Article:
Every so often someone suggests, sometimes in jest and some times in all seriousness, that programming languages “count” as a language for meeting graduation or degree requirements. According to Ian Bogost, who is not happy about it, some schools are actually doing this and others are close to it. (Computers are Systems, not Languages)
Is this a good idea? I think it largely depends on what you see as the value in learning a language other than your own native language. As someone who struggled his whole academic career with languages (first year French twice, First year German three times) I’m not so sure that language learning the way we do it in US is much good. Very few really become fluent enough to have more than the most casual of conversations (any one have evidence to the contrary?) One reason I often heard for learning a foreign language (the politically correct term is world language I think) is that it gives one a better understanding of the culture of the countries where it is spoken. I guess that is true to some extent. Although with our “flat world” is it as necessary as it was a generation or two ago? Arguable. Isn’t the world of computers a culture though? Perhaps learning to program helps people, especially in the humanities, some insights into that “other” culture?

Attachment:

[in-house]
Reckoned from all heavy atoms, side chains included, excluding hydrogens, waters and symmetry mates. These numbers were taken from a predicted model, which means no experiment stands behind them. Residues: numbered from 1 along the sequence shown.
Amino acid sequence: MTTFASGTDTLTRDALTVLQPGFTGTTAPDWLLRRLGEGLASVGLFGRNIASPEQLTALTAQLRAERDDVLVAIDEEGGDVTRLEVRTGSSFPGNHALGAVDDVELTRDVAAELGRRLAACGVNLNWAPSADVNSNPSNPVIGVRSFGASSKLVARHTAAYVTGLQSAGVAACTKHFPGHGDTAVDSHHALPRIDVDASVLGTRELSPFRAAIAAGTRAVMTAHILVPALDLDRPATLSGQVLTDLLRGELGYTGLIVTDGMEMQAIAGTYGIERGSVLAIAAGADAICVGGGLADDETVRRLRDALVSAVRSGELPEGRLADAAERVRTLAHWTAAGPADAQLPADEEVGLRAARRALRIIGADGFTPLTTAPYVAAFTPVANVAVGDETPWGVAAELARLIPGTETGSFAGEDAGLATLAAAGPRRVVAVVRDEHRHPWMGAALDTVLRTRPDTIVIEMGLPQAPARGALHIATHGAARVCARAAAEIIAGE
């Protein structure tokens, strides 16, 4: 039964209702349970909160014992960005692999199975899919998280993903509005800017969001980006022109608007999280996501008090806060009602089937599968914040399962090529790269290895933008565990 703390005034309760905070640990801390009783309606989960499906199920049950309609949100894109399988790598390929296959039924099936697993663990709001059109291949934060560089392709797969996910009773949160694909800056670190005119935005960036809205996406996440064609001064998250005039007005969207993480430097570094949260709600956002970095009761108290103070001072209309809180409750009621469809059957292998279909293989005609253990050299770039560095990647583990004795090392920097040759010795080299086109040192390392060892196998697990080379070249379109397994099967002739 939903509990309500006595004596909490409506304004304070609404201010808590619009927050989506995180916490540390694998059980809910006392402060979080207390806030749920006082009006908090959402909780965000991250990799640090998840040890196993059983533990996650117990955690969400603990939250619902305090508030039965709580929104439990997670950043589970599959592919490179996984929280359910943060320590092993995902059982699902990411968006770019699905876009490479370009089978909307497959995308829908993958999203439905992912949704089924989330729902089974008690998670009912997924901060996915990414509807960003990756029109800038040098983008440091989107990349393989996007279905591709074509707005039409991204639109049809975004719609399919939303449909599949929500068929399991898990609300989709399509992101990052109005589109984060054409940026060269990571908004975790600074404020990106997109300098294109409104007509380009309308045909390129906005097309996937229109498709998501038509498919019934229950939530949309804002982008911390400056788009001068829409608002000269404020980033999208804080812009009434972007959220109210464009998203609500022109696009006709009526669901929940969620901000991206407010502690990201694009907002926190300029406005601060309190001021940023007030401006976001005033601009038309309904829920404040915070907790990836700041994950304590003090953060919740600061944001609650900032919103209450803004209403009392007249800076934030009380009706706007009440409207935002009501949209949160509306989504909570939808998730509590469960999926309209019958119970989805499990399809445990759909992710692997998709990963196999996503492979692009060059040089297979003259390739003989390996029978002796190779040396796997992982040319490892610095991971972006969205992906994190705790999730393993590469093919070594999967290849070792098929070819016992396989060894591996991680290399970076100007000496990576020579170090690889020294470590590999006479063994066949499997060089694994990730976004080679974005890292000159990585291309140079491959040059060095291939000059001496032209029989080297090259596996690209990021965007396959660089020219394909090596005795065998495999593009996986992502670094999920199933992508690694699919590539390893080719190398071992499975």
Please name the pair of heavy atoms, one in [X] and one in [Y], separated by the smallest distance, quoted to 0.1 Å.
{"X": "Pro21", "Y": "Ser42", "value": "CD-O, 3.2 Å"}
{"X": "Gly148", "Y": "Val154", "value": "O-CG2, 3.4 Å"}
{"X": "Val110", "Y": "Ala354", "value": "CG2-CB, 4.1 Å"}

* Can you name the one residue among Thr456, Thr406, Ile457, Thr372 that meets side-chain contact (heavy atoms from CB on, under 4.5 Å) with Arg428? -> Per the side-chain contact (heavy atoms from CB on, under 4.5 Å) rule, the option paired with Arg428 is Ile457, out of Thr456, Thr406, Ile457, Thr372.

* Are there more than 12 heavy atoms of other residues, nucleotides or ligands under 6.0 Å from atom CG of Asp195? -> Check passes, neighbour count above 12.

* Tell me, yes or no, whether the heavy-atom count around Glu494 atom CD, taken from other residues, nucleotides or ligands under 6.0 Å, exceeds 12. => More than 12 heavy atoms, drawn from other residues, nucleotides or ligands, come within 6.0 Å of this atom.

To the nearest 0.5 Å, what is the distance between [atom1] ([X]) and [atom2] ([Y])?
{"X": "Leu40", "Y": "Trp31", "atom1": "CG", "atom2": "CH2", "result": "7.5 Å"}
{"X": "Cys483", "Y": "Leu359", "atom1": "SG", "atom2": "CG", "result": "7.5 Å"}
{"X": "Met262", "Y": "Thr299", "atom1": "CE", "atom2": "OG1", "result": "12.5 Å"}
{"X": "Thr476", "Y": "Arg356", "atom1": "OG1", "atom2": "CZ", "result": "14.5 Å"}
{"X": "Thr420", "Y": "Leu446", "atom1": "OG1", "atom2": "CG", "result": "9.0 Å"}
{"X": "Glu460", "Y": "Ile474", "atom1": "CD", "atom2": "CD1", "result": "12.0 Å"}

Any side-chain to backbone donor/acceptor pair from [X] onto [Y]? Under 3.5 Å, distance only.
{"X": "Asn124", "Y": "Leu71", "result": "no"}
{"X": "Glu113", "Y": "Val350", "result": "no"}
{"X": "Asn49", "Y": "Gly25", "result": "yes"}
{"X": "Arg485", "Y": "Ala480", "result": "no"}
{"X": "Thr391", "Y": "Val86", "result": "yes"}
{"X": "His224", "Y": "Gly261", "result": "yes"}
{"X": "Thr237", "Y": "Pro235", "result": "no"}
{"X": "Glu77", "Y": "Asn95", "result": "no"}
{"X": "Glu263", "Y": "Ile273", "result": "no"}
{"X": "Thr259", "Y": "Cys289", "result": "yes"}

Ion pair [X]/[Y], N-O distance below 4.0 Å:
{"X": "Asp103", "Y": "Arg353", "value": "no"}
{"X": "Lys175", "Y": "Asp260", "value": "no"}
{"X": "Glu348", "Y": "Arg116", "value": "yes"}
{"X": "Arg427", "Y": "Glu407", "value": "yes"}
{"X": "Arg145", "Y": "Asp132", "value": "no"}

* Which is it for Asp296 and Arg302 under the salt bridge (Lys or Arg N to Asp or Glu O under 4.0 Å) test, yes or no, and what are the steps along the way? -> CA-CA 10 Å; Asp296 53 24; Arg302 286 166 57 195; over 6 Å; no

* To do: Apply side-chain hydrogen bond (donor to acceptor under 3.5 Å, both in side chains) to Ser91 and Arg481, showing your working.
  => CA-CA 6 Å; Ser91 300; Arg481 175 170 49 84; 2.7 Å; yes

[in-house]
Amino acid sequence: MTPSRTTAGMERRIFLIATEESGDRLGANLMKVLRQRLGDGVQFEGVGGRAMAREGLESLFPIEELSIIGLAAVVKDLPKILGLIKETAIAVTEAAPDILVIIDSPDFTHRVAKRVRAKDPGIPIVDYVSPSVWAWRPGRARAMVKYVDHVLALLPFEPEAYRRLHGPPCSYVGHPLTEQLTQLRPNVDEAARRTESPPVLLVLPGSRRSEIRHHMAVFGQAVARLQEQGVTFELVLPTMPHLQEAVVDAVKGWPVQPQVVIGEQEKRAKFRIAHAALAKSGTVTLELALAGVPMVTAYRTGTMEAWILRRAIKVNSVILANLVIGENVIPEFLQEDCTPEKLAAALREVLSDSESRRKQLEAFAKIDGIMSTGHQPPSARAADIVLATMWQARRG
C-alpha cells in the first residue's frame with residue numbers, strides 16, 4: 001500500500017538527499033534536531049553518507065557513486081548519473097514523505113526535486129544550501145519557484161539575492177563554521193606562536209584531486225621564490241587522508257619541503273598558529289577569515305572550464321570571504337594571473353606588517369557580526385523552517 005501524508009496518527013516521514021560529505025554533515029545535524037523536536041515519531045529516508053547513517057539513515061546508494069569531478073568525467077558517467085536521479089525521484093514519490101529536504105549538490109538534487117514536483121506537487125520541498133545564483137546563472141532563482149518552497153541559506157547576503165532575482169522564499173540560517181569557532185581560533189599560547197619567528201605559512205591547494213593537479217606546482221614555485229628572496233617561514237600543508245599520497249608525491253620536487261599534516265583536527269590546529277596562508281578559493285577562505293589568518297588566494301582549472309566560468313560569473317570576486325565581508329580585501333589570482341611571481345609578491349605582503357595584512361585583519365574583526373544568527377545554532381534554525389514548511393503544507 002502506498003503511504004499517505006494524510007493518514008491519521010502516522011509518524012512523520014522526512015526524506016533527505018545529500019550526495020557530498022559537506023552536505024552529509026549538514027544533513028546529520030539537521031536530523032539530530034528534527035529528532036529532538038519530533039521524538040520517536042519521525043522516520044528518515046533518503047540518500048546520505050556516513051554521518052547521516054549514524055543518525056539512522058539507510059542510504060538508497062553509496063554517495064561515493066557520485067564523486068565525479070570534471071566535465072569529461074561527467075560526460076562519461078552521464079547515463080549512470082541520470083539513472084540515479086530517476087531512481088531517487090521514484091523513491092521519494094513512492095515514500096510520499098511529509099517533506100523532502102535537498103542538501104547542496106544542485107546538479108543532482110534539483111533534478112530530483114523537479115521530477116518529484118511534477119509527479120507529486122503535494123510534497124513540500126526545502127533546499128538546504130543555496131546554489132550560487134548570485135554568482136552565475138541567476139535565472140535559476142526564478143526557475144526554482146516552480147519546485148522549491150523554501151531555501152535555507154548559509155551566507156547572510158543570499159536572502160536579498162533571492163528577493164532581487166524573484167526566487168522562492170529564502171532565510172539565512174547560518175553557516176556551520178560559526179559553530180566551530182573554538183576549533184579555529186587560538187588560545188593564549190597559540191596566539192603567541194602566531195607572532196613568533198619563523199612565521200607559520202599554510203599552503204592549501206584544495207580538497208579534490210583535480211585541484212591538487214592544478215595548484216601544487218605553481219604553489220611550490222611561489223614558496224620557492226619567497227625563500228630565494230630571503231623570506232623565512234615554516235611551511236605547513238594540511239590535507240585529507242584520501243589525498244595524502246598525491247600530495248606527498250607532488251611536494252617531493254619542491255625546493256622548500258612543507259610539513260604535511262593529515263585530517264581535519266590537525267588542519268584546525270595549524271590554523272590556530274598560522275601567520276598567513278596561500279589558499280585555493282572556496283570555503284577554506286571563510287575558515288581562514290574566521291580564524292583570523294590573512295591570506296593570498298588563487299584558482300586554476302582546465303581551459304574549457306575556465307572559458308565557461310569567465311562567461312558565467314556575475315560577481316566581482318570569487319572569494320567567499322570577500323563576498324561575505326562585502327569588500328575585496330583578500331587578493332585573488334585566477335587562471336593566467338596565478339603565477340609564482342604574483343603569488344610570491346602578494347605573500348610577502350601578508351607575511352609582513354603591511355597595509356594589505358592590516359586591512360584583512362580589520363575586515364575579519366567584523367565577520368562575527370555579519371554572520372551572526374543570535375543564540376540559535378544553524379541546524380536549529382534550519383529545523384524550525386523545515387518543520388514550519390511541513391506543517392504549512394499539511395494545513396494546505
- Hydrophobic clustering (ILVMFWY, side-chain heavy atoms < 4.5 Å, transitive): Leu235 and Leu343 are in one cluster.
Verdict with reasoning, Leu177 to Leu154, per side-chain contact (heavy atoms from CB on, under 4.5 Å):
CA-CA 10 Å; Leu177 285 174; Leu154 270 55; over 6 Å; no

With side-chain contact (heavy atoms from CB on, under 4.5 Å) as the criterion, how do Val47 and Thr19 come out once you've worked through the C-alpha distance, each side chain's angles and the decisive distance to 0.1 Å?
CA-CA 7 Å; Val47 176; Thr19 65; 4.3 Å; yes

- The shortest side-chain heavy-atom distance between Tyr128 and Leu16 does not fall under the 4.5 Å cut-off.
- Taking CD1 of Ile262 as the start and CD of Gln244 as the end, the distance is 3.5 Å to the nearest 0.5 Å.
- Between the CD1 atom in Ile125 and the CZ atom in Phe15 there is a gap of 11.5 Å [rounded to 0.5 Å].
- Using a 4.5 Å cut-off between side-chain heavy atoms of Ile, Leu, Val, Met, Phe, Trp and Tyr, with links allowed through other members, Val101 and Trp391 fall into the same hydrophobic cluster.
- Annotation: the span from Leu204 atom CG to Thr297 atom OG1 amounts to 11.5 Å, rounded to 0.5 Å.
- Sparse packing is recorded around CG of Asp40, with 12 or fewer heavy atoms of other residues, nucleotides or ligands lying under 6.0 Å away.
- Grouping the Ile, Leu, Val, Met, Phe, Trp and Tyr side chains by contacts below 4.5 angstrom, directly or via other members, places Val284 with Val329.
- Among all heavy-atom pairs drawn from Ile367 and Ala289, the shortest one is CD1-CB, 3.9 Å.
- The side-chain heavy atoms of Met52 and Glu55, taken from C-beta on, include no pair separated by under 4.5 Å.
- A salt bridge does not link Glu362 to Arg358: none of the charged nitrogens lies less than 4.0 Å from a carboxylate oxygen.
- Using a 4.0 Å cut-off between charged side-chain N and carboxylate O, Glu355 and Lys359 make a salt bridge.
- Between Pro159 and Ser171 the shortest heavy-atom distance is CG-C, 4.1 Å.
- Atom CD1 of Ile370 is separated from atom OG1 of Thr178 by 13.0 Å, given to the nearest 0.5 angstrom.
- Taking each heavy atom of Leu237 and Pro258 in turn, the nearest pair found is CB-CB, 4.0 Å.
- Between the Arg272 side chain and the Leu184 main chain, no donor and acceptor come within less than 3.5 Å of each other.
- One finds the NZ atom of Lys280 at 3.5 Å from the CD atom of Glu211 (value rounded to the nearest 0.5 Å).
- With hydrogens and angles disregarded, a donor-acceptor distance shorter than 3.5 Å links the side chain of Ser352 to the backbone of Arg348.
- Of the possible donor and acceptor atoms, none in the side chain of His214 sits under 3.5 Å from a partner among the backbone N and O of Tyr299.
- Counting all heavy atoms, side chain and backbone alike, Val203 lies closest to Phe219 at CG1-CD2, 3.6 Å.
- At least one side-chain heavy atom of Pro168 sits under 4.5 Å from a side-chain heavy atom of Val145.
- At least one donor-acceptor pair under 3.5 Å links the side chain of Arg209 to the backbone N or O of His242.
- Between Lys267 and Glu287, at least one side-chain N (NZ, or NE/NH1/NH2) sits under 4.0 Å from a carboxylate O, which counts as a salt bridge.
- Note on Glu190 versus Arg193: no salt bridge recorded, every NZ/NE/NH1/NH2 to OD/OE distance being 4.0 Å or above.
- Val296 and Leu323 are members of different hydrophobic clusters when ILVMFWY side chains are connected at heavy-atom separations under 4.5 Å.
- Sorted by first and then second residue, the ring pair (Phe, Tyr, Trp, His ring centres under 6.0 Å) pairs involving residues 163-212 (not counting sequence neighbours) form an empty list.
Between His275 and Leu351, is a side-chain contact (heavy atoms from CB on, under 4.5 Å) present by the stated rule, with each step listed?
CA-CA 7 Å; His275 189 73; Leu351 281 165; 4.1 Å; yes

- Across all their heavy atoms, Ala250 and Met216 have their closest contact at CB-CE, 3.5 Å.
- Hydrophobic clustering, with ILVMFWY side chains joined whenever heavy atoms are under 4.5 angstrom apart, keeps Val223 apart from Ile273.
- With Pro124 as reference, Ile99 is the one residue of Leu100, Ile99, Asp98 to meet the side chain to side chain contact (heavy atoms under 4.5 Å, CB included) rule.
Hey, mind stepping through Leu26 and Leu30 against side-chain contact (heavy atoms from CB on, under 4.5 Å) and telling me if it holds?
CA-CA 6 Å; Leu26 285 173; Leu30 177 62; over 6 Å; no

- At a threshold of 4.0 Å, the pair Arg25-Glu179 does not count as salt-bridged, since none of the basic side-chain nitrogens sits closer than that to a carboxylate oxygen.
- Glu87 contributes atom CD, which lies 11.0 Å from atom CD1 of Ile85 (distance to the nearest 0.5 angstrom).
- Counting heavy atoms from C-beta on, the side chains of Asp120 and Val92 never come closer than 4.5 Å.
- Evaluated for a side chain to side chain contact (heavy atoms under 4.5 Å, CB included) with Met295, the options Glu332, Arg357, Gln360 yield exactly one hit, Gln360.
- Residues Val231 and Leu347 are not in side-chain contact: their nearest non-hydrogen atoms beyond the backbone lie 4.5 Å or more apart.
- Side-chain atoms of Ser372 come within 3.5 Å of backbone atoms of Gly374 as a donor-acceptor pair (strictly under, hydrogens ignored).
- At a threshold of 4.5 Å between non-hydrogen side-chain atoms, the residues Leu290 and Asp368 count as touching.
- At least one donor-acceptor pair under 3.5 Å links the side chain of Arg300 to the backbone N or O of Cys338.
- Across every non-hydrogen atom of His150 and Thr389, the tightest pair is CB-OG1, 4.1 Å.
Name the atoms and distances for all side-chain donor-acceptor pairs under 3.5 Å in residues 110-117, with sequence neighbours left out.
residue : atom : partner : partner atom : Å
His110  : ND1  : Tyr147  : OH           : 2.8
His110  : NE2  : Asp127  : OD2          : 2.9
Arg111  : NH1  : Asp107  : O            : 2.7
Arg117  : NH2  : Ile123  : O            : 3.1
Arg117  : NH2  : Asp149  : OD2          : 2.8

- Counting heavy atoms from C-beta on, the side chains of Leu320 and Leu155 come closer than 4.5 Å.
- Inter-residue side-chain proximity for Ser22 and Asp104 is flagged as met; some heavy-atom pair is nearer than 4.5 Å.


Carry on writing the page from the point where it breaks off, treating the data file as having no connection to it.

Another reason I have heard is so that one can read research and other works in the original language. Perhaps that made a lot of sense when French and German were the principal languages of some areas of study. But today people write in far too many languages to make focusing on one make for a solid argument – well unless that language is English. An awful lot is written first in English even by people whose first language is not English. On the other hand there may be some value in being able to read code in the “original” language. It’s a theory. And fortunately computer languages are often enough alike that learning one or two is enough to have a reading familiarity with others.
Does learning a different language help one understand their own language better? That seems a stronger argument than some others. There is no close corollary to this with programming languages with the possible exception of COBOL.
So am I arguing that programming languages should take the place of natural languages as general education requirements. Not really. I’m sort of asking why we have learning natural languages as a requirement. Sacrilege of course but why not? I do think that more people should take some programing or other real computer science course though. It is part of being a fully educated person in the 21st century.